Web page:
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Marine Ecology Progress Series

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MEPS 245:249-258 (2002)  -  doi:10.3354/meps245249

Selective feeding in the hawksbill turtle, an important predator in coral reef ecosystems

Yolanda M. León*, Karen A. Bjorndal

Archie Carr Center for Sea Turtle Research and Department of Zoology, University of Florida, Gainesville, Florida 32611, USA
*Present address: 310 Washburn Hall, Department of Marine Affairs, University of Rhode Island, Kingston, Rhode Island 02881, USA. Email:

ABSTRACT: We evaluated selective feeding in hawksbill turtles Eretmochelys imbricata by comparing ingested prey species with their availability at 2 sites in the SW Dominican Republic. Hawksbills fed on 6 benthic species: 5 demosponges (Chondrilla nucula, Geodia neptuni, Myriastra kalitetilla, Spirastrella coccinea, and Tethya crypta) and 1 corallimorpharian (Ricordea florida). Hawksbills showed positive selection for 4 species (from highest to lowest): S. coccinea, R. florida, and C. nucula at Bahía de las Aguilas, and M. kalitetilla and C. nucula at Cabo Rojo. S. coccinea and M. kalitetilla are rare in the environment and highly selected by hawksbills, which supports a previous observation that their distribution on reefs could be greatly affected by spongivores. The 2 remaining selected species were the dominant prey species in lavage samples (R. florida = 59% and C. nucula = 34% of total volume). Since they were the most abundant species at each site, this illustrates that diet choice is based on a combination of selectivity for certain species and local abundance. The dominance of R. florida in the diet challenges the prevailing view that Caribbean hawksbills are strict spongivores. Finally, our results indicate that hawksbills can have a positive indirect effect on corals by grazing on coral competitors, as well as affect overall reef benthic biodiversity. Both C. nucula and R. florida harbor photosynthesizing symbionts and are aggressive competitors for space on tropical reefs. Thus, at natural population levels, grazing by hawksbills may well have played an important role in Caribbean reef structure and dynamics. Because hawksbill populations have been substantially reduced (to at most 10% of pre-Columbian population levels) their effect has been considerably diminished.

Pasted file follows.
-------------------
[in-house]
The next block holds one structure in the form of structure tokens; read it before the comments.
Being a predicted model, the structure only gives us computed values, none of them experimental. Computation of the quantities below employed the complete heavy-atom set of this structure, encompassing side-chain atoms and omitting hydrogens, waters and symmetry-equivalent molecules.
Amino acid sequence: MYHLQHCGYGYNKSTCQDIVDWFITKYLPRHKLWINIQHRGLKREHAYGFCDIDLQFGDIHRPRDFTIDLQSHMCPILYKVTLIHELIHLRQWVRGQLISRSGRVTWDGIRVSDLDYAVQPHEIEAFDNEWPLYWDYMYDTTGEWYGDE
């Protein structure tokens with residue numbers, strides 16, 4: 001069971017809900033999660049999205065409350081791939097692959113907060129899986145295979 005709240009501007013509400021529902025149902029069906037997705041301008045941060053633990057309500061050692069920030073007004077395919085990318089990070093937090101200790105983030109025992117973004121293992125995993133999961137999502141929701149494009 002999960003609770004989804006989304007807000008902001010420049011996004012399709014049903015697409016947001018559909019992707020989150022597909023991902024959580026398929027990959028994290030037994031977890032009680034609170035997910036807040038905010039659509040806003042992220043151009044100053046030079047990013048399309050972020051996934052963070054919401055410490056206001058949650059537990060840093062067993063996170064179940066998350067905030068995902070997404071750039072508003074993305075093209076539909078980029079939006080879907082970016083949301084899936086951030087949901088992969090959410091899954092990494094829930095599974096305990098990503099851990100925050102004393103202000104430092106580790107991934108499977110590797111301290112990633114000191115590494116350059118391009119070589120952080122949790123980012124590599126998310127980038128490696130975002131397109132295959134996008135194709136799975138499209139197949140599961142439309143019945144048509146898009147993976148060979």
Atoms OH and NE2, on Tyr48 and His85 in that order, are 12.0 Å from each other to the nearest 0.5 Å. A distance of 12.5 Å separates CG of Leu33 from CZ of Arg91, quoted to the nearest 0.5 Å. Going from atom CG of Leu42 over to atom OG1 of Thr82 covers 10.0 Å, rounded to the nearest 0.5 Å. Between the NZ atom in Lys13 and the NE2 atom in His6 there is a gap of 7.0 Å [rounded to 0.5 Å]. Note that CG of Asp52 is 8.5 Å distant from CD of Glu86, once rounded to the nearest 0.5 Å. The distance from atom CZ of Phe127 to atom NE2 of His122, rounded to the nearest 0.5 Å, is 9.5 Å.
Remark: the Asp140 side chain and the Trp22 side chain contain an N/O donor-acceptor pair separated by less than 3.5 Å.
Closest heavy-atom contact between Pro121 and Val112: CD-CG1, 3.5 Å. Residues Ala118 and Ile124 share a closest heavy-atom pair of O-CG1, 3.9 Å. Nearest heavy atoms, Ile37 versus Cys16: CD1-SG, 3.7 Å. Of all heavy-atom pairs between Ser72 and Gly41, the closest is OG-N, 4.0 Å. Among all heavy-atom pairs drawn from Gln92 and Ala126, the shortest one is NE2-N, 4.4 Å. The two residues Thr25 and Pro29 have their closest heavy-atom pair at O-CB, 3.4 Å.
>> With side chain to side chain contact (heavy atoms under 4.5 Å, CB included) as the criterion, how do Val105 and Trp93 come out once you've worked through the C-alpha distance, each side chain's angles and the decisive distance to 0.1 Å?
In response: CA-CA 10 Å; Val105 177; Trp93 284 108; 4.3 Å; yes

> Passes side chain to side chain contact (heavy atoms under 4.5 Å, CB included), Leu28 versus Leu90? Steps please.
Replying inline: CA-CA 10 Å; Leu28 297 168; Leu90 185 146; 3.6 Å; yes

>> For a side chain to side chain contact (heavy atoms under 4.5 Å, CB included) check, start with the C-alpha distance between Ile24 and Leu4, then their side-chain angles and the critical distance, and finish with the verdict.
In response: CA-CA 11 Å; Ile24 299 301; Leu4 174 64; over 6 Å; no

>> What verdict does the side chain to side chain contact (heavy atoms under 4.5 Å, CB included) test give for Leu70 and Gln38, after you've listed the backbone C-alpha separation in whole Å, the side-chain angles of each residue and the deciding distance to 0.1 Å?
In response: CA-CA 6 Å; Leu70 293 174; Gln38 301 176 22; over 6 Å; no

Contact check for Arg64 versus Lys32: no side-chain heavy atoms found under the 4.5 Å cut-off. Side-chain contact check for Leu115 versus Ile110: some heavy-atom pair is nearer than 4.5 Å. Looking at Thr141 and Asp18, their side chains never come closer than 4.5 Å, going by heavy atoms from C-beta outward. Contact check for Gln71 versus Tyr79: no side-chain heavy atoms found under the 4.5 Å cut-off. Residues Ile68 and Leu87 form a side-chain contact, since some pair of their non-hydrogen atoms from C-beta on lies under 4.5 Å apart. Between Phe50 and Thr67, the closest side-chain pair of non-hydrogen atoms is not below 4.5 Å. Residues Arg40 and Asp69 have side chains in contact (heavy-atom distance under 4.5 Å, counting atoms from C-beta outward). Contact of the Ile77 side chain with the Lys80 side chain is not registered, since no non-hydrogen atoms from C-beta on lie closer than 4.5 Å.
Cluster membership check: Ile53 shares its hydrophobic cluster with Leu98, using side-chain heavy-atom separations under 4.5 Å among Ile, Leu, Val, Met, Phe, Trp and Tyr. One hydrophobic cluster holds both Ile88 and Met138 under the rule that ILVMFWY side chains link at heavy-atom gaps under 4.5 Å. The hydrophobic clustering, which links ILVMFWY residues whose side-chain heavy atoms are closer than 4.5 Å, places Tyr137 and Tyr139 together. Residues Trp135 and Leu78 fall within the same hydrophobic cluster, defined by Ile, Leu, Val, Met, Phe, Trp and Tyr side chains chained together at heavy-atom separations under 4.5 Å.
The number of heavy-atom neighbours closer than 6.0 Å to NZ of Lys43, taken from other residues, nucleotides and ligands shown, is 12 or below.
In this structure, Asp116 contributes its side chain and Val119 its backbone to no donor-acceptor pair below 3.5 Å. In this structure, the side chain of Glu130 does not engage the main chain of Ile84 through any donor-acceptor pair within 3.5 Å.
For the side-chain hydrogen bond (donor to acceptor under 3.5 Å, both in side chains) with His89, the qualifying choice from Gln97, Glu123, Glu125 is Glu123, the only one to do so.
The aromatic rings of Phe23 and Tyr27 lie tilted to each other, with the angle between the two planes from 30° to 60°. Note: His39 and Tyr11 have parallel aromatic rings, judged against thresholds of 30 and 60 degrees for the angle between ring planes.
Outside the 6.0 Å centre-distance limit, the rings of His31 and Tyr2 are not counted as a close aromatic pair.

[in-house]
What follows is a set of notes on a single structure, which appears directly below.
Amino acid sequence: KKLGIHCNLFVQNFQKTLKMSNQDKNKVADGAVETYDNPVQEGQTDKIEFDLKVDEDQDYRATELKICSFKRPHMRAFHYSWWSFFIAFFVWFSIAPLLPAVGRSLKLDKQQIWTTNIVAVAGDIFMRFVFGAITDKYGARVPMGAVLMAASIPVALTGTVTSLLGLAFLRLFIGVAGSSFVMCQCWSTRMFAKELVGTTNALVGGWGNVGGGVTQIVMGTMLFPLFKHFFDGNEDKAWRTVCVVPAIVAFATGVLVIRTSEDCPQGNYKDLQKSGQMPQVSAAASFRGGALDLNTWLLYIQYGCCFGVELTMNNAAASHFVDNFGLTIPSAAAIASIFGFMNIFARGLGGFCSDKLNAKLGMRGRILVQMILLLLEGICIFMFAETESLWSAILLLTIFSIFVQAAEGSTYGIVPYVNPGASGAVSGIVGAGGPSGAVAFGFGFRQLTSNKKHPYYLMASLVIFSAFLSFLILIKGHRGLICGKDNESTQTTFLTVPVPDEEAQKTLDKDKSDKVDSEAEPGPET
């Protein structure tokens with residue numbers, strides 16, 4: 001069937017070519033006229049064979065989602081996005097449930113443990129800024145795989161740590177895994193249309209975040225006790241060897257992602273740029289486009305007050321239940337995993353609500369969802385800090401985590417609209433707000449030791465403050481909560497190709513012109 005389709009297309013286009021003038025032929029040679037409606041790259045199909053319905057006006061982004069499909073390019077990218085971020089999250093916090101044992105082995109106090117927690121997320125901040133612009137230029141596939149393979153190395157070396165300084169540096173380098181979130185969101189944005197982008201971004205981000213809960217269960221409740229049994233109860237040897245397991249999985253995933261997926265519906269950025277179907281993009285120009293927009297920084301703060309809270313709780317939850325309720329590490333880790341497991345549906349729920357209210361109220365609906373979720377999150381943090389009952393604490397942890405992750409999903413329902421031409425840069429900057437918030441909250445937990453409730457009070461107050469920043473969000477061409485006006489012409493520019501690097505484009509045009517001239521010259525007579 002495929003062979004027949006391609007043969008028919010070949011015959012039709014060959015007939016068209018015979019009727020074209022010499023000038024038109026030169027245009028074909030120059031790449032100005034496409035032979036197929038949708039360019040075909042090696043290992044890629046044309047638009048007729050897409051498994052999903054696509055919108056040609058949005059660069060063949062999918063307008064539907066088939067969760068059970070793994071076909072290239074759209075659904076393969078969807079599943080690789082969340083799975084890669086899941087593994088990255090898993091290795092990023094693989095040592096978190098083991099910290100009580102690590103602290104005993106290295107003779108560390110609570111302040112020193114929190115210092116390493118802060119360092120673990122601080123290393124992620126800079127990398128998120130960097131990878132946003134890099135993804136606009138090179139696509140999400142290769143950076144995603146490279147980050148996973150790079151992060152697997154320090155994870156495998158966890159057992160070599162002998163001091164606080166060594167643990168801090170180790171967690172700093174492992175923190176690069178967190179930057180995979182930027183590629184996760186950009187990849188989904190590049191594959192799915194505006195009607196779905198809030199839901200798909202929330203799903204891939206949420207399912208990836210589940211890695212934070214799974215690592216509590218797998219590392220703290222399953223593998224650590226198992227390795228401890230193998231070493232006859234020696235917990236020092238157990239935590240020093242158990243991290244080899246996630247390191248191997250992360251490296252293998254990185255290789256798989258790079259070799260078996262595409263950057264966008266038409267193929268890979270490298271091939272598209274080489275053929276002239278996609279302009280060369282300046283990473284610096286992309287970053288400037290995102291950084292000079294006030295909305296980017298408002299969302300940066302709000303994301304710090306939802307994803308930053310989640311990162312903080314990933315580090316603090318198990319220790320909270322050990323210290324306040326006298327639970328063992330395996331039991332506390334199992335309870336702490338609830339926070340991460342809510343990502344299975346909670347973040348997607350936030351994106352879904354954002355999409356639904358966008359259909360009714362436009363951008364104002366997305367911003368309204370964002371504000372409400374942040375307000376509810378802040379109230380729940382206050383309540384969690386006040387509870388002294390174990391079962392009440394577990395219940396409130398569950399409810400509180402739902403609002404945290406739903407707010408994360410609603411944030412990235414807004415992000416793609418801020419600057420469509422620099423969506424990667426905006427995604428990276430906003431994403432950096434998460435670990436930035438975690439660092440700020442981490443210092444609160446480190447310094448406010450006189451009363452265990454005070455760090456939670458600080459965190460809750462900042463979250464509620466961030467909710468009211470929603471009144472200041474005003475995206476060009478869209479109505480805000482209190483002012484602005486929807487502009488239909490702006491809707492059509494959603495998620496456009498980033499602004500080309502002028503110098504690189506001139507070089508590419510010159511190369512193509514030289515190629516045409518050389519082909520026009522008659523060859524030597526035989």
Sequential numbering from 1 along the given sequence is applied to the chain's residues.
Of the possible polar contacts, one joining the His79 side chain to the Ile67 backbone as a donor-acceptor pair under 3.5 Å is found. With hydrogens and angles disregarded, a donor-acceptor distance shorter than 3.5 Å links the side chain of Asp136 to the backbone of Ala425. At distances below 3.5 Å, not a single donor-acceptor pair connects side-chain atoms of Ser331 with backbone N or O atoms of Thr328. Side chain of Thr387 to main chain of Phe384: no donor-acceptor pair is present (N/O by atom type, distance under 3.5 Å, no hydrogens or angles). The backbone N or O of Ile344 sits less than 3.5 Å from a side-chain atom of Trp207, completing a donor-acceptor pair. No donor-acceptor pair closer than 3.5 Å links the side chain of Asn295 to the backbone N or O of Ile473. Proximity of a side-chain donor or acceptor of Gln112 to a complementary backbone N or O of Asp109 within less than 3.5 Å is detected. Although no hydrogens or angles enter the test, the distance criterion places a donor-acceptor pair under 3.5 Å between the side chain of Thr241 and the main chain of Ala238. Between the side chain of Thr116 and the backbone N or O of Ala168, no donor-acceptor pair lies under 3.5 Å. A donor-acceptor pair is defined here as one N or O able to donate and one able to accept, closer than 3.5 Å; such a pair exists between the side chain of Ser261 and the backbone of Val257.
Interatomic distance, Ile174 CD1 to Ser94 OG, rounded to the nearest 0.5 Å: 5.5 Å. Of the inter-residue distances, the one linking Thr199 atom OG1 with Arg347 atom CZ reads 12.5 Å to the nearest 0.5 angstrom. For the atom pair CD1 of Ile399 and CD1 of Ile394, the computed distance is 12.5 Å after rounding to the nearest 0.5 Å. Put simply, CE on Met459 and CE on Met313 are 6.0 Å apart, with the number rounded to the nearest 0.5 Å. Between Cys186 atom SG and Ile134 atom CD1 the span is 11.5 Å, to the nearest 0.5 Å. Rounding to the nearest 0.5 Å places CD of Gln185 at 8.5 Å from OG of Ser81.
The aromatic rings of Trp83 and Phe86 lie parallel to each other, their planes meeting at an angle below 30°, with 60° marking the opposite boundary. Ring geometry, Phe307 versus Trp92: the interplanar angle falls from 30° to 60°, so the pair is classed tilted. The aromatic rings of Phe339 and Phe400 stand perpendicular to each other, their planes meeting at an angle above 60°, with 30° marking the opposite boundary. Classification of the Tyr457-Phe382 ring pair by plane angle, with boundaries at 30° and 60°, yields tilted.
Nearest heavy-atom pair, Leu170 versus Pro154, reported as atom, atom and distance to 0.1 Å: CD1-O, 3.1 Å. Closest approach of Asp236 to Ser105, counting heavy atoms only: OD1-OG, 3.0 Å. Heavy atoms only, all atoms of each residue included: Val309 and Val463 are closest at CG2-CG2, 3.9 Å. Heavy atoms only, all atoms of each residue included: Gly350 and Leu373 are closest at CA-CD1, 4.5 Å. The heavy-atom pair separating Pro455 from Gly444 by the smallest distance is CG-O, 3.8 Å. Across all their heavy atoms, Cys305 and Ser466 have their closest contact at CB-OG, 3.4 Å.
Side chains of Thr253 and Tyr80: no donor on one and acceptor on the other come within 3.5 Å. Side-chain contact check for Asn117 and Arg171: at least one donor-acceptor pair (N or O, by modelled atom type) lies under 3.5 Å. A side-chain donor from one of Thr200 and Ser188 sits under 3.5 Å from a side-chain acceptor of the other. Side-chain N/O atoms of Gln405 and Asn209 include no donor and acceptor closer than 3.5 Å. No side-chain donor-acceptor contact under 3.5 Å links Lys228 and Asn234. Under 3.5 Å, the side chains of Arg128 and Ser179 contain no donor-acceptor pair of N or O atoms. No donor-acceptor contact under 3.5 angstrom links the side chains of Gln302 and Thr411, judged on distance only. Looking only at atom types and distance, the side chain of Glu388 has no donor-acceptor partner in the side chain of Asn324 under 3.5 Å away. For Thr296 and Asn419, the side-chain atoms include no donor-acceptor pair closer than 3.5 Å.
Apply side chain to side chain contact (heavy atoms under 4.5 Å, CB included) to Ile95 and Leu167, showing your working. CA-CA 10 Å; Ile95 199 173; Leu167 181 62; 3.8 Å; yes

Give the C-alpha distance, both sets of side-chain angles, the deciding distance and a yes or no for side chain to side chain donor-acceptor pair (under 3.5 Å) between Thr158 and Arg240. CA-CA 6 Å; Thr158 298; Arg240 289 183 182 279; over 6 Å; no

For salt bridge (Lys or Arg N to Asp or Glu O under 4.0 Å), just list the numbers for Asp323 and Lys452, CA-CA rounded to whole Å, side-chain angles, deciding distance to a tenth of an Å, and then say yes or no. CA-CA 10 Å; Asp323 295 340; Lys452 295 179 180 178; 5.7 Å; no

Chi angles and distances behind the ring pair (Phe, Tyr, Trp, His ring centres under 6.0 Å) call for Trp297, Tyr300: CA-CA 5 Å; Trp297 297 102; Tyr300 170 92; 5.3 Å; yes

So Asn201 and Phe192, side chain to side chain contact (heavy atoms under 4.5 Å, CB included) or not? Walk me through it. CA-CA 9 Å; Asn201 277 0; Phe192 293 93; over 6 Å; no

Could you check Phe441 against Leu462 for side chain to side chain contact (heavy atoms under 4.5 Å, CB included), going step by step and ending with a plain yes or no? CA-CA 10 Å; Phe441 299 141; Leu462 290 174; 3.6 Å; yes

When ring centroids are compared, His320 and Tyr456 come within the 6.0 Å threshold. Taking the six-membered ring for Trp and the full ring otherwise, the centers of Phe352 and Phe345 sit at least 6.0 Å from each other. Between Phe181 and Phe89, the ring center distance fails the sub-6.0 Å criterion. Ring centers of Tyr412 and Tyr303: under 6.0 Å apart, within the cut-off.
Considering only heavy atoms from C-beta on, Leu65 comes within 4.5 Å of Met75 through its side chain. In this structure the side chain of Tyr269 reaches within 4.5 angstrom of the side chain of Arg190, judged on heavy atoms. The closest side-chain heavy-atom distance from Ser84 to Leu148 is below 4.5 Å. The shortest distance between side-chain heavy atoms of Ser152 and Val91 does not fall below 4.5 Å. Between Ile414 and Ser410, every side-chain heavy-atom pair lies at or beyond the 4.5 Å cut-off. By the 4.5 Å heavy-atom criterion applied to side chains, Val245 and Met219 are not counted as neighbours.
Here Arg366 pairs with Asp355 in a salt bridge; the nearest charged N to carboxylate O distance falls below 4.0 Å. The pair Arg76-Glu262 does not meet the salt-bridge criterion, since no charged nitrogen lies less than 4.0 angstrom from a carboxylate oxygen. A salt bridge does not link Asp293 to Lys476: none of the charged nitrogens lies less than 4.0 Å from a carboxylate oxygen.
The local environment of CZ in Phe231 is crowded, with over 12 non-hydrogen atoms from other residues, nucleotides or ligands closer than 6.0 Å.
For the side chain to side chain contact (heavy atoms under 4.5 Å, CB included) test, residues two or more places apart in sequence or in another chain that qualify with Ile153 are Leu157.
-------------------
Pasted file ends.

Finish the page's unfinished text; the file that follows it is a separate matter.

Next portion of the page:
KEY WORDS: Hawksbill turtle · Selective feeding · Sponges · Caribbean coral reefs · Indirect effects

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